It's the core of River5, without the top level, released as an NPM package. Can be used to build all kinds of feed-based apps.
npm install davereader
Here's the story.
I've always wanted to have a package that made it possible to write quick apps that do stuff with RSS.
I write them all the time, but I always have to start over from the beginning, create a parser, then catch the new items as they come in, and do whatever it is I have to do, usually move the bits to another service like Twitter, or Slack or whatever. There are so many possible applications.
When I was doing this, I realized I was solving a problem that was already solved, in my River software, but it wasn't configured correctly to make this easy. It was faster just to crib the code and start from scratch.
Finally, I have it set up so that this works. So the beauty in this is in the apps, not the engine. It's a solved problem that can now be used to solve new problems.
The Hello World app is feedFiler. It simply writes every new story, in JSON, to a calendar-structured folder.
Not very useful on its own, but Hello World apps aren't supposed to be useful. ;-)
River5 is even smaller than feedFiler!
It's included as an example.
It's been a while since there was an update so I bumped from 0.5.x to 0.6.x.
A bug was reported, that the first time new items appear in a river in a given River5 run, only one of the items actually appears in the river. This applies to both kinds of rivers, ones that correspond to lists, and ones that accumulate all the items in a given river (a feature that appeared first in v0.5.21). The other new items are lost. I was able to reproduce the problem, and spent a few days discussing possible solutions, and then arrived at a very simple approach, that appears to work.
We do two things differently:
At startup, before reading any feeds, we load all the river files for all the rivers that correspond to lists.
When reading a feed, we no longer process items as they are returned by feedparser, we accumulate all the items in an array, and process them all at the end. Before processing we make sure the feed's river is in the cache, and read it if it's not. That way all the new items make it into the river.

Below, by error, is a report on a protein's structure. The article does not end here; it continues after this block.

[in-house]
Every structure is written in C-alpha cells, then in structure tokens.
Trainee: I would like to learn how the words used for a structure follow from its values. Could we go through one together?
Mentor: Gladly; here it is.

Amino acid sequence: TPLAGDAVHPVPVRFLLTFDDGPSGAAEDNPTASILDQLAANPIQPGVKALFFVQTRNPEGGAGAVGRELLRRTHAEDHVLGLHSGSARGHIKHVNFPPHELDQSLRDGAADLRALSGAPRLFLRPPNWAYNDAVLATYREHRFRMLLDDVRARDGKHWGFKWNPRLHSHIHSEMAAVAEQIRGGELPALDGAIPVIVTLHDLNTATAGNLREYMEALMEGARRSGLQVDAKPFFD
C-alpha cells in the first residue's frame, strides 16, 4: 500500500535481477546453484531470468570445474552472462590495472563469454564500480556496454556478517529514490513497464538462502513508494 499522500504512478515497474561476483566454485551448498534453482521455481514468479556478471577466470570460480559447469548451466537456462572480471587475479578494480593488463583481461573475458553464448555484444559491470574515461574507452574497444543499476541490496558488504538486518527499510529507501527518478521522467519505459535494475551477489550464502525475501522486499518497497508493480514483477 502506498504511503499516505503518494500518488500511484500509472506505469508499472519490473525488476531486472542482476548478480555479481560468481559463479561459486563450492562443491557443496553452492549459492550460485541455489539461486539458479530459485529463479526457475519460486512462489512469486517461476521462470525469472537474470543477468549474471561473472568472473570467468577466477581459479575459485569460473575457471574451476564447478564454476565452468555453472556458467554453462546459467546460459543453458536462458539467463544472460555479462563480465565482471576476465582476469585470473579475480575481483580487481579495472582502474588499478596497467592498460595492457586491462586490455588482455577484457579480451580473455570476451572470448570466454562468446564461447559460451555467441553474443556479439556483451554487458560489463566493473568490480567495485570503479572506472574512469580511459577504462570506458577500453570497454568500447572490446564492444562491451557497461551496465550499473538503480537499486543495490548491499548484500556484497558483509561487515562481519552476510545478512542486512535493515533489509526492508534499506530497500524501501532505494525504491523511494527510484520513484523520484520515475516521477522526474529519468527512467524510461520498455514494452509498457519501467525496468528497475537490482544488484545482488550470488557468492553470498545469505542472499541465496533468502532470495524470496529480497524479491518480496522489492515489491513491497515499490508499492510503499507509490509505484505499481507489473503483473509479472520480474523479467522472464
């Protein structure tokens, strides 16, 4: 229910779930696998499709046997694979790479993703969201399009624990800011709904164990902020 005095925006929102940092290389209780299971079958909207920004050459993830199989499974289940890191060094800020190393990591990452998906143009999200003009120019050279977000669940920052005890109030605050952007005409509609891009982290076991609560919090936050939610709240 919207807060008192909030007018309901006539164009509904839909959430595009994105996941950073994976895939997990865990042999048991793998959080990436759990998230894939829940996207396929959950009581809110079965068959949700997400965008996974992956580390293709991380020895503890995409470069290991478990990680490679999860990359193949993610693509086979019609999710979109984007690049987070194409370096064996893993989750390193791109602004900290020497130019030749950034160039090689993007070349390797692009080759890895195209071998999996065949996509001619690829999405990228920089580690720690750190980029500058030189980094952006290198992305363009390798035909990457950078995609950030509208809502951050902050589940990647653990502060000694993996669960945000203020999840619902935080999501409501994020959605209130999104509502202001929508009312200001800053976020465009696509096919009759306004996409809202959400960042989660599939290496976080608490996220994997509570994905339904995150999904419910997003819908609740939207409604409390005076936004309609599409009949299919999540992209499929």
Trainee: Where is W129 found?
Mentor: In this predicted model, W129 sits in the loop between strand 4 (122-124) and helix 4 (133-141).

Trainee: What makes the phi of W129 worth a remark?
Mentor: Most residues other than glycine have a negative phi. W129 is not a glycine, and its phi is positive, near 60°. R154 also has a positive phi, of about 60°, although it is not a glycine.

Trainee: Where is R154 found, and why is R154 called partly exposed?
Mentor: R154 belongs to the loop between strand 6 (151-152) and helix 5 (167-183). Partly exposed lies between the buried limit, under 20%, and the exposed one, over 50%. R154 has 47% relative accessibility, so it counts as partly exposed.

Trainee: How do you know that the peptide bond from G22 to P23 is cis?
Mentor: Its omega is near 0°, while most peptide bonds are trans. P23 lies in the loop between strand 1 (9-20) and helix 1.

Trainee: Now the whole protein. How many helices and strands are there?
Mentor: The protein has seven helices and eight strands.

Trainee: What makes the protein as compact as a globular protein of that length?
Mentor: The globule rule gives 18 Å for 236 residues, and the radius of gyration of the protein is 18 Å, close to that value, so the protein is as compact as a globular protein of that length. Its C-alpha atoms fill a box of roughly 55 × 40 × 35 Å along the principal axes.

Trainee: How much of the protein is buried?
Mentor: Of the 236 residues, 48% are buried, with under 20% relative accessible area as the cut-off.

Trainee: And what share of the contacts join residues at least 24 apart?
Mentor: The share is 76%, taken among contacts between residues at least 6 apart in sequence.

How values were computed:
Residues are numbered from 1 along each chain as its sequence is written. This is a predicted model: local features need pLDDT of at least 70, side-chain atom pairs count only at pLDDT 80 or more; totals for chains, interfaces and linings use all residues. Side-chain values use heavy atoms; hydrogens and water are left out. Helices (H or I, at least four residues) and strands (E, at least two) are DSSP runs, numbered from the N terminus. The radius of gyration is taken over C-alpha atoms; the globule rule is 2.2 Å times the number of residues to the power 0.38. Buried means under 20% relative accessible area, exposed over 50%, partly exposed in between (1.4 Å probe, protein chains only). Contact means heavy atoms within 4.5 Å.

There were a couple of places where we would read a feed even if no one was subscribed to it. This created problems in davecast when I wanted to unfollow Scripting News. I imagine it's an annoyance for some when they unsub from a feed only to have updates still show up in the river. It should stop when the rssCloud pings stop, though. The right thing to do (which we now do) is to check if there's at least one subscriber before reading the feed.
The new single-feed viewer feature is now available for all River5 installations. To activate the feature, update your installation to v0.5.21. When you access the home page of your server through the web, when you click on the favicon of a feed, it will take you to the single-feed viewer with the items for that feed.
Note that the only change in this release is that there's a new element in config, urlFeedViewerApp. It's picked up in the home page app in constructing the link for the favicon.
In v0.5.19 we added a feature that keeps a river for each feed. That's where the major work was on the server for this feature.
We now optionally maintain rivers for each feed. This could make a single-feed viewer possible in Electric River and other environments. That is, all the stories from one feed in reverse-chronologic order.
HTTP requests made by davereader now accept zip compression.
New callbacks for handling an HTTP request (the host application can override), callbacks that are called every second and every minute.
Exposed the davereader function that sends a webSockets message to all registered listeners.
New support for RSS-in-JSON feeds.
One small change, the default value of config.flDownloadPodcasts changed from true to false.
Previously a new installation would download podcasts automatically, and this could cause problems because they are such large files.
Now you have to set this true yourself in config.json.
The version number changed to use the format favored by NPM. There is no way around it if we want to use NPM, and we do.
Instead of baking the utils package into the project, we require the new daveutils package.
There's a new optional element in config, config.newItemCallback. It's a function that takes three params, the URL of the feed, the internal struct returned by feedparser and a digested version of that data produced by davereader/river5.